1. Skip some hybrid infrastructures. To move an enterprise organization to Exchange Online, New Signature and many other partners commonly set up temporary hybrid Exchange environments. In those cases, the hybrid server is built as a bridge that helps maintain user information like free/busy calendar data and acts as a staging area for the three months to a year that larger organizations typically take to move completely from the old environment to the new.
"SkyKick is really a tool that allows you to do a cutover migration or a staged migration without doing a hybrid server," Hertz said. The SkyKick tool won't be able to replace the need for a hybrid environment in every case, but it will eliminate many of them, Hertz said. He contended that's the new tool's biggest value.
"If you thought about the complexity of an Exchange Online migration, the hybrid is one of the more complex pieces," he said, and added that it will reduce one of the biggest obstacles to Office 365 sales in midsize to enterprise organizations. "There are some instances where we walk into a customer and they say, 'I can't go through the hybrid environment that you're describing.'"
2. Improve migration planning. The original SkyKick toolset involved migration planning, but the new enterprise version offers much more detailed information gathering and more options, as befits larger environments. "For midmarket customers, it's super important to do planning," Hertz said. "The SkyKick tools can provide some intelligence around that."
Planning tools in the new SkyKick Enterprise Migration Suite include support for pilot deployments, mailbox and source information discovery, and e-mail architecture planning. A fair amount of planning information also emerges earlier in the "Sell" phase of SkyKick's end-to-end migration process for partners.
New elements of the enterprise tool include the ability to log in to a Microsoft Licensing account to assign Open or Enterprise Agreement licenses to Office 365 users, the ability to pull data from multiple Exchange servers in the case of an acquisition, and the ability to normalize e-mail addresses (for example, change all e-mail addresses in a company to first initial, last name during the migration).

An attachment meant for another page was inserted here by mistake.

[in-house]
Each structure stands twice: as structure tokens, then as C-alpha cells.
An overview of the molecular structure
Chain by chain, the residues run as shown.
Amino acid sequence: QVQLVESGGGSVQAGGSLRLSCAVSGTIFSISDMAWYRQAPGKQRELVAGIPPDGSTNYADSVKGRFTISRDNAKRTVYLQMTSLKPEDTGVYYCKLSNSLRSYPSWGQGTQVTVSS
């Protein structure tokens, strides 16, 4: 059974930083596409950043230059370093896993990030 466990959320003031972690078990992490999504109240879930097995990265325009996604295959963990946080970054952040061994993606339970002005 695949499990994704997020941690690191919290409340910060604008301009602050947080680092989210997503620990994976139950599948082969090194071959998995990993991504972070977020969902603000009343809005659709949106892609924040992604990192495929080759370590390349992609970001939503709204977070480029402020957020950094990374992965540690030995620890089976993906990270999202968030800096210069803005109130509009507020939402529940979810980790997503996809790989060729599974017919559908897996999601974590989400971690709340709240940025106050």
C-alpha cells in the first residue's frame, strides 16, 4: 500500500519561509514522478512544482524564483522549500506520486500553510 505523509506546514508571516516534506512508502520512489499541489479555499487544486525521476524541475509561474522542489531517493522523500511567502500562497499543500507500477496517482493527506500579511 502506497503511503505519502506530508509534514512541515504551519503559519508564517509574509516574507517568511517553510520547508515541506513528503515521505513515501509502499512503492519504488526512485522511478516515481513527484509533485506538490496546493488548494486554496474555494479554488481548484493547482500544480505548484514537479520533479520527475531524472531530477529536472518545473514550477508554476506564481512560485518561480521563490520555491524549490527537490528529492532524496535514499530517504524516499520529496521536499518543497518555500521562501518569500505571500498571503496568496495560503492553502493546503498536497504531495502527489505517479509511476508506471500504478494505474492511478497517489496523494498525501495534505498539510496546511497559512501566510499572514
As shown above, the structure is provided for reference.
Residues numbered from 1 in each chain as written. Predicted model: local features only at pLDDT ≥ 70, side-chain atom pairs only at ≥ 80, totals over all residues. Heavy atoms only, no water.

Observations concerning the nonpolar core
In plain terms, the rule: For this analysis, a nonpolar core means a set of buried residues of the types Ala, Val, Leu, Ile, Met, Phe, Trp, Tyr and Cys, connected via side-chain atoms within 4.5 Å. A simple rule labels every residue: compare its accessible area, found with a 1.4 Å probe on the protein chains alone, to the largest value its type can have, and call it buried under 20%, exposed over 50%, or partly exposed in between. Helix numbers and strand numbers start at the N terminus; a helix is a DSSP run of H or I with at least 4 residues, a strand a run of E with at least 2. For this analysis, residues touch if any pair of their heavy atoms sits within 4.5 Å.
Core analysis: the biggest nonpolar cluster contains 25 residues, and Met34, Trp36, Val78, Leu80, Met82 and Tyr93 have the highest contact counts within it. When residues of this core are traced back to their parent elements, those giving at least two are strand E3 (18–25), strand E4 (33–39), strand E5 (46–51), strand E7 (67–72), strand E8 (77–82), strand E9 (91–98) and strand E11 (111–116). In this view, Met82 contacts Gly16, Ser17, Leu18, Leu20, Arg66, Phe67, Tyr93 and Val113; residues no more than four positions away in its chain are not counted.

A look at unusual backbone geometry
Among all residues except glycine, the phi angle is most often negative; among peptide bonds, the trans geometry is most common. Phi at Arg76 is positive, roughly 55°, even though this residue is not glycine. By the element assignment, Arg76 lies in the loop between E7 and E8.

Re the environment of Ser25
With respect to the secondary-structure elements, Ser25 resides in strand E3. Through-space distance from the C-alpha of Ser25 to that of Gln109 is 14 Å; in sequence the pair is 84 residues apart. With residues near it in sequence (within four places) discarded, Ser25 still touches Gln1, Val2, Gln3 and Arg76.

3. Training is baked in. The white-labeled SkyKick e-mails at various stages of the process provide instructions for users on setting up accounts and using their new Office 365 functionality. "A lot of midmarket customers don't necessarily have a large training function," Hertz said. The canned e-mail messages from SkyKick do a good job of helping users along, he said. For a partner, Hertz noted, showing 30 users in one office how to use a new system is possible, but trying to teach the system to 1,000 users in five offices and two countries is very difficult.
Posted by Scott Bekker on May 20, 2014 at 3:46 PM0 comments
Microsoft will hold a press event in New York City on Tuesday for a Surface announcement that is rumored to include the unveiling of a "Surface Mini" and a new Intel-based Surface Pro.
The limited-seating event begins at 11 a.m. Eastern Time, and those who want to follow along will be able to join a live webcast at the Microsoft News Center.
Microsoft's News Center preview shows an image of impassioned Surface advocate Panos Panay, who demonstrated the Surface features when former top Windows executive Steven Sinofsky rolled out the first Surface, and who also presided over the Surface 2 launches last year after Sinofsky's departure. At that second event, Panay said he had plans for several generations of future Surface releases.
Rumor has it, in the form of a Mary Jo Foley report, that Microsoft CEO Satya Nadella will be on hand to unveil the Surface news Tuesday. Former Microsoft CEO Steve Ballmer never actively took part in a Surface launch. For the initial Surface, Ballmer was in the venue for the formal launch earlier in the day of Windows 8, but Ballmer left the Surface duties to Sinofsky.
How big a deal is this launch? Pre-launch reports are calling for Microsoft to launch a 7- to 8-inch "Surface Mini" with a digital pen and a chipset switch from Nvidia Corp. to Qualcomm Inc. and a new Surface Pro based on new Intel chips.
Posted by Scott Bekker on May 19, 2014 at 12:24 PM0 comments